So now, thorough a process of elimination, it’s the turn of the good old Godless communists. The only question that remains is how they will make a difference. Socialists in government are supposed to overspend, raise taxes, pile up the national debt and take over the banks. It seems they’re going to have nothing to do.

Galway in Days Gone By

The way we were – Protecting archives of our past

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A photo of Galway city centre from the county council's archives

People’s living conditions less than 100 years ago were frightening. We have come a long way. We talk about water charges today, but back then the local District Councils were erecting pumps for local communities and the lovely town of Mountbellew, according to Council minutes, had open sewers,” says Galway County Council archivist Patria McWalter.

Patria believes we “need to take pride in our history, and we should take the same pride in our historical records as we do in our built heritage”. When you see the wealth of material in her care, this belief makes sense.

She is in charge of caring for the rich collection of administrative records owned by Galway County Council and says “these records are as much part of our history as the Rock of Cashel is. They document our lives and our ancestors’ lives. And nobody can plan for the future unless you learn from the past, what worked and what didn’t”.

Archivists and librarians are often unfairly regarded as being dry, academic types, but that’s certainly not true of Patria. Her enthusiasm is infectious as she turns the pages of several minute books from Galway’s Rural District Councils, all of them at least 100 years old.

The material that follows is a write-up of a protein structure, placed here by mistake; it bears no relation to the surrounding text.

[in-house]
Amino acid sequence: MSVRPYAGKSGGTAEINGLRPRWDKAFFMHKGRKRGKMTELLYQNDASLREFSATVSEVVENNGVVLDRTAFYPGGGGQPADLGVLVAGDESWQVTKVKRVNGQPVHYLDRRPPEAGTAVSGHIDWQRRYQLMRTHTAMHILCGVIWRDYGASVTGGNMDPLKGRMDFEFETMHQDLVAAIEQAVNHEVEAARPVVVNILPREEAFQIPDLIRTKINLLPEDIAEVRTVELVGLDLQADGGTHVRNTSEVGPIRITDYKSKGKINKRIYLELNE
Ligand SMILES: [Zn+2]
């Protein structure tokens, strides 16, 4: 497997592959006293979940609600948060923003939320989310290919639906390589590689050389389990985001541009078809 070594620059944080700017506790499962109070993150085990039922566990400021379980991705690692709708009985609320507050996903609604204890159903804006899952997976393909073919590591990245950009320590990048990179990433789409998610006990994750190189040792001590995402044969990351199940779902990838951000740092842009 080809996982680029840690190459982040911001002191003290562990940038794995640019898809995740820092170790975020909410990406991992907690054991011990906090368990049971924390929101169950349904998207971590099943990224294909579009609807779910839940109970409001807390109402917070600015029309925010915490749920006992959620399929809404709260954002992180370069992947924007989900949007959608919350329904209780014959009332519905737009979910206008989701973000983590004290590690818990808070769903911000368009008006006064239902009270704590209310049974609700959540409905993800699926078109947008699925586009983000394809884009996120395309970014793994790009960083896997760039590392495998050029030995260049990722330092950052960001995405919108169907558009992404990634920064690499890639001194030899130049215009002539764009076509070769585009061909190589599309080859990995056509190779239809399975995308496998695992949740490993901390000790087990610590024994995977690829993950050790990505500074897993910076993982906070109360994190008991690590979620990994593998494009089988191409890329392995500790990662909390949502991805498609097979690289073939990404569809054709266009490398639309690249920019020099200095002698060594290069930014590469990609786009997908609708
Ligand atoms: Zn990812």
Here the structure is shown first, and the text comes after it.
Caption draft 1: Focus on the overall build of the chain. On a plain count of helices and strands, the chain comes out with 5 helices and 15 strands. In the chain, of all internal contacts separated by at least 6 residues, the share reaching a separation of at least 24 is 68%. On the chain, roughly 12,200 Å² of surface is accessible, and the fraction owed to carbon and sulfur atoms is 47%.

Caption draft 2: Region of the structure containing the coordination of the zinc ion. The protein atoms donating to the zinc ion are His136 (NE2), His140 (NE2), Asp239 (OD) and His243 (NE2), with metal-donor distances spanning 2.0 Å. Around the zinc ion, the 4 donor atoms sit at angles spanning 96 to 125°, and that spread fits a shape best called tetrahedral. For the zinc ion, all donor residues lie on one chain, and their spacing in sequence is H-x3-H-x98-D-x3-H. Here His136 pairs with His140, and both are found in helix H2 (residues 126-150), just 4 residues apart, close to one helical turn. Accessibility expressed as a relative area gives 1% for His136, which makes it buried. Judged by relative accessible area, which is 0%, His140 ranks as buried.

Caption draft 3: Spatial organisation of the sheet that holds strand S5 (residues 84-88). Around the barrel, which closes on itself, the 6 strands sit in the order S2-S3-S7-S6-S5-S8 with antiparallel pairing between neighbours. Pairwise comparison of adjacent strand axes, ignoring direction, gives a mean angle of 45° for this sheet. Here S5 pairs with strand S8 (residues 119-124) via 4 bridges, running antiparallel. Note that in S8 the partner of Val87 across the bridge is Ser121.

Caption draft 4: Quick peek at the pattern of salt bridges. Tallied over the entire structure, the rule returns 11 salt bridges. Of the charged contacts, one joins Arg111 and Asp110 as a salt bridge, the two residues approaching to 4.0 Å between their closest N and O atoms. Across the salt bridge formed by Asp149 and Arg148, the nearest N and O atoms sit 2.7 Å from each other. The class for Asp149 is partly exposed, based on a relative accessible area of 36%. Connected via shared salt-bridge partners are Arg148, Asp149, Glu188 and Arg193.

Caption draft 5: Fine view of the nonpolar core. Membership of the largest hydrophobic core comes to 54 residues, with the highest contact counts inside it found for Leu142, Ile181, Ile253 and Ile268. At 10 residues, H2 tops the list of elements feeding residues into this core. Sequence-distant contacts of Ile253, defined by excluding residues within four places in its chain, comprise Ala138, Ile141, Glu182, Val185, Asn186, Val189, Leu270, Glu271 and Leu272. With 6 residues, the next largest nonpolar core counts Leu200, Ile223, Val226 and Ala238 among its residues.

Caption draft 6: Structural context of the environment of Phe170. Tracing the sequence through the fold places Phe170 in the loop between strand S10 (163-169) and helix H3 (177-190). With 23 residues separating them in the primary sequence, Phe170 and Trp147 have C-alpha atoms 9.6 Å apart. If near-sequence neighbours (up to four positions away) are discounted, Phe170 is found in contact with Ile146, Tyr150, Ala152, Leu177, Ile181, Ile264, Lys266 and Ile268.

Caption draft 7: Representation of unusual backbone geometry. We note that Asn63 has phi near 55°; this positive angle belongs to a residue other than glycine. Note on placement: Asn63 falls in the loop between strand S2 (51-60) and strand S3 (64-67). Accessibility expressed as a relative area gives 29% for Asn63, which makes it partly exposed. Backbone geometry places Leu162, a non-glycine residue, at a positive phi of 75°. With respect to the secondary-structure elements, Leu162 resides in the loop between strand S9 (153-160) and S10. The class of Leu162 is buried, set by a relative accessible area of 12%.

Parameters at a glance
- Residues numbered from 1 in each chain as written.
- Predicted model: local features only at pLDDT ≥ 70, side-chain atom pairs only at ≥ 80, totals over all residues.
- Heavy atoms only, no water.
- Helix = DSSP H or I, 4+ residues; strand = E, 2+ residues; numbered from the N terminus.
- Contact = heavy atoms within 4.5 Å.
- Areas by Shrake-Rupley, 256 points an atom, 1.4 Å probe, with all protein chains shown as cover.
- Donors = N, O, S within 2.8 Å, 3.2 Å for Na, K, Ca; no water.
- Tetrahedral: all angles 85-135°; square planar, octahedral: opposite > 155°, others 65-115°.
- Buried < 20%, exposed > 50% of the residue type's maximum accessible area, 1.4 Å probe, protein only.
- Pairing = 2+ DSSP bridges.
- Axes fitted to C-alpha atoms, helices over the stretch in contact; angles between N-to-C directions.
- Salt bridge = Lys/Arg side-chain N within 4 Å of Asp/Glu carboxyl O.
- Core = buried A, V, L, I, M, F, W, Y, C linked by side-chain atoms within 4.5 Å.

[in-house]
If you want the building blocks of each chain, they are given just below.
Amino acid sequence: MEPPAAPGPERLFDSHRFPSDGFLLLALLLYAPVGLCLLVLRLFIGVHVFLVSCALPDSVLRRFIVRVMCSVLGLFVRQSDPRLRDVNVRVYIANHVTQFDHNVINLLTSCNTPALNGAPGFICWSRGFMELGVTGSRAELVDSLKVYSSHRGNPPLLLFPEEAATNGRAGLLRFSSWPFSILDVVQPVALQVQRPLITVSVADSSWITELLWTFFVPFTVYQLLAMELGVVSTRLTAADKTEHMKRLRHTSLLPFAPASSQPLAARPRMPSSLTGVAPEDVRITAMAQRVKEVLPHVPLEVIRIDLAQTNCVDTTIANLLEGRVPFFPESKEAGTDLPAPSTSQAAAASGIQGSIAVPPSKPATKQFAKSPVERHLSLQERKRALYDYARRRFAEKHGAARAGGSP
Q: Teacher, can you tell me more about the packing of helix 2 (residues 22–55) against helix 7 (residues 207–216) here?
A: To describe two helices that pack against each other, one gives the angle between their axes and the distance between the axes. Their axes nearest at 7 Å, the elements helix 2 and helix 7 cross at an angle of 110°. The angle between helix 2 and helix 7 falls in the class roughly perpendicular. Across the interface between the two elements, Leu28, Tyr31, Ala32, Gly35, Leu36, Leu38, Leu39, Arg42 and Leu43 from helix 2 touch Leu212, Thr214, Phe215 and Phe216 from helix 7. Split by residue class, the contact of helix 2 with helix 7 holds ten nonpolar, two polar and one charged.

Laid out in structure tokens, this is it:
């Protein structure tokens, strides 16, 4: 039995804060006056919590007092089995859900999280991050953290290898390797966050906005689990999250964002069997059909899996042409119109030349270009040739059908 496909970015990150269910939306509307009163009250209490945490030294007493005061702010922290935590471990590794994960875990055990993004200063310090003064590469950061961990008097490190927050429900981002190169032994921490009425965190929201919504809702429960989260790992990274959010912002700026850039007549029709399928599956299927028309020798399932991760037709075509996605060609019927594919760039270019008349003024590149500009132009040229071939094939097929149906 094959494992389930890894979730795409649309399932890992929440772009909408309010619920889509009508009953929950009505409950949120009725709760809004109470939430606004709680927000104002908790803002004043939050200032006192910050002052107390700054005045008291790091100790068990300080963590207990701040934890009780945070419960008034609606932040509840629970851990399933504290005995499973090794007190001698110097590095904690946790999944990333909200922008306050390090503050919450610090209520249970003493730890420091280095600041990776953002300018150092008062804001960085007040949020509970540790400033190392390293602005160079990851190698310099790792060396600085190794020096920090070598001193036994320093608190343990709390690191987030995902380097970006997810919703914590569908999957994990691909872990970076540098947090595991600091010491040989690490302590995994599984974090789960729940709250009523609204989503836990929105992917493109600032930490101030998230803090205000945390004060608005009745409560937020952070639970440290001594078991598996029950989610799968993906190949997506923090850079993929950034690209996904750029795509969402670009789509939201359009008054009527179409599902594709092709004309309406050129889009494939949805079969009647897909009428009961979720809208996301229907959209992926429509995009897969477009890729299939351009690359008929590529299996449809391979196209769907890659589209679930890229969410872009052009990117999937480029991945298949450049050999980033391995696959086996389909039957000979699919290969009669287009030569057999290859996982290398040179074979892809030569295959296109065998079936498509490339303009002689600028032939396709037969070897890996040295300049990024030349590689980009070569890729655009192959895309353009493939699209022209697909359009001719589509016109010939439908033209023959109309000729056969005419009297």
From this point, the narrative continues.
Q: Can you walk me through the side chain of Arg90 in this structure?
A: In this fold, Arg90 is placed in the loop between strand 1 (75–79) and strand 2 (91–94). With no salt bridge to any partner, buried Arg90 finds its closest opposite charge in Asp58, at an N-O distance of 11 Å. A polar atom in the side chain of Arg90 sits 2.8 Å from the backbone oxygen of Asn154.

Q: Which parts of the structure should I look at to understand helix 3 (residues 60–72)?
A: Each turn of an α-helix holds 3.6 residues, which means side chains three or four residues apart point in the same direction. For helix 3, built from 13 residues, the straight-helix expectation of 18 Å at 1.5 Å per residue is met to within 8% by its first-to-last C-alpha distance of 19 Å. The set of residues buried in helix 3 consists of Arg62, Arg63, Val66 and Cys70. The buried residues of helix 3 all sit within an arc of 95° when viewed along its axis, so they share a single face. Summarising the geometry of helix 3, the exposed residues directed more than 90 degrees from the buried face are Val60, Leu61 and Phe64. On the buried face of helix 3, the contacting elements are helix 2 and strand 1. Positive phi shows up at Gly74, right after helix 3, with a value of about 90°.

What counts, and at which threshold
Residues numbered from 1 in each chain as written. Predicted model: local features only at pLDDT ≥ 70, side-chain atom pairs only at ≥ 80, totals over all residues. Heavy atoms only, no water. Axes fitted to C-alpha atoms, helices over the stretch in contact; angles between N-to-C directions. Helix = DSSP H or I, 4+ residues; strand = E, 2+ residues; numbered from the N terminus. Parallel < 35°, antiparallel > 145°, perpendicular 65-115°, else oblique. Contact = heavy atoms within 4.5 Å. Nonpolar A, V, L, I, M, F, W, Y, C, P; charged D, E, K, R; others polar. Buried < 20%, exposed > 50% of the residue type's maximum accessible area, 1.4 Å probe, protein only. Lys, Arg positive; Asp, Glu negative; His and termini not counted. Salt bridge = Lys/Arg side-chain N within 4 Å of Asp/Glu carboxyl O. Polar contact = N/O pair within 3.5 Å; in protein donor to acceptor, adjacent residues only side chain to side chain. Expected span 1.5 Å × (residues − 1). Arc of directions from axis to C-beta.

Part of her role involved cataloguing all the records of the Councils – Ballinasloe, Clifden, Galway, Gort, Loughrea, Mountbellew, Portumna and Tuam. These records mostly consisted of minutes of various meetings.

When she was cataloguing them she realised their worth to local historians and researchers, so she decided to compile a guide to their content. The result is For the Record: The Archives of Galway’s Rural District Councils, which will be a valuable asset to anybody with an interest in history.

Many representatives on these Councils were local personalities and several were arrested during the political upheaval of the era, she explains.

And, ushering in a new era in history, women were allowed to sit on these Rural District Councils – at the time they were not allowed to sit on County Councils.

All of this information is included in Patria’s introductory essay to the attractively produced A4 size guide, which gives a glimpse into how these Rural Councils operated and the way political thinking changed in Ireland during a short 26-year period. In the early 1900s, these Councils supported Home Rule, but by 1920, they were calling for full independence and refusing to recognise the British administration.

“I love the tone,” says Patria of the minutes from meetings. “The language was very emotive.”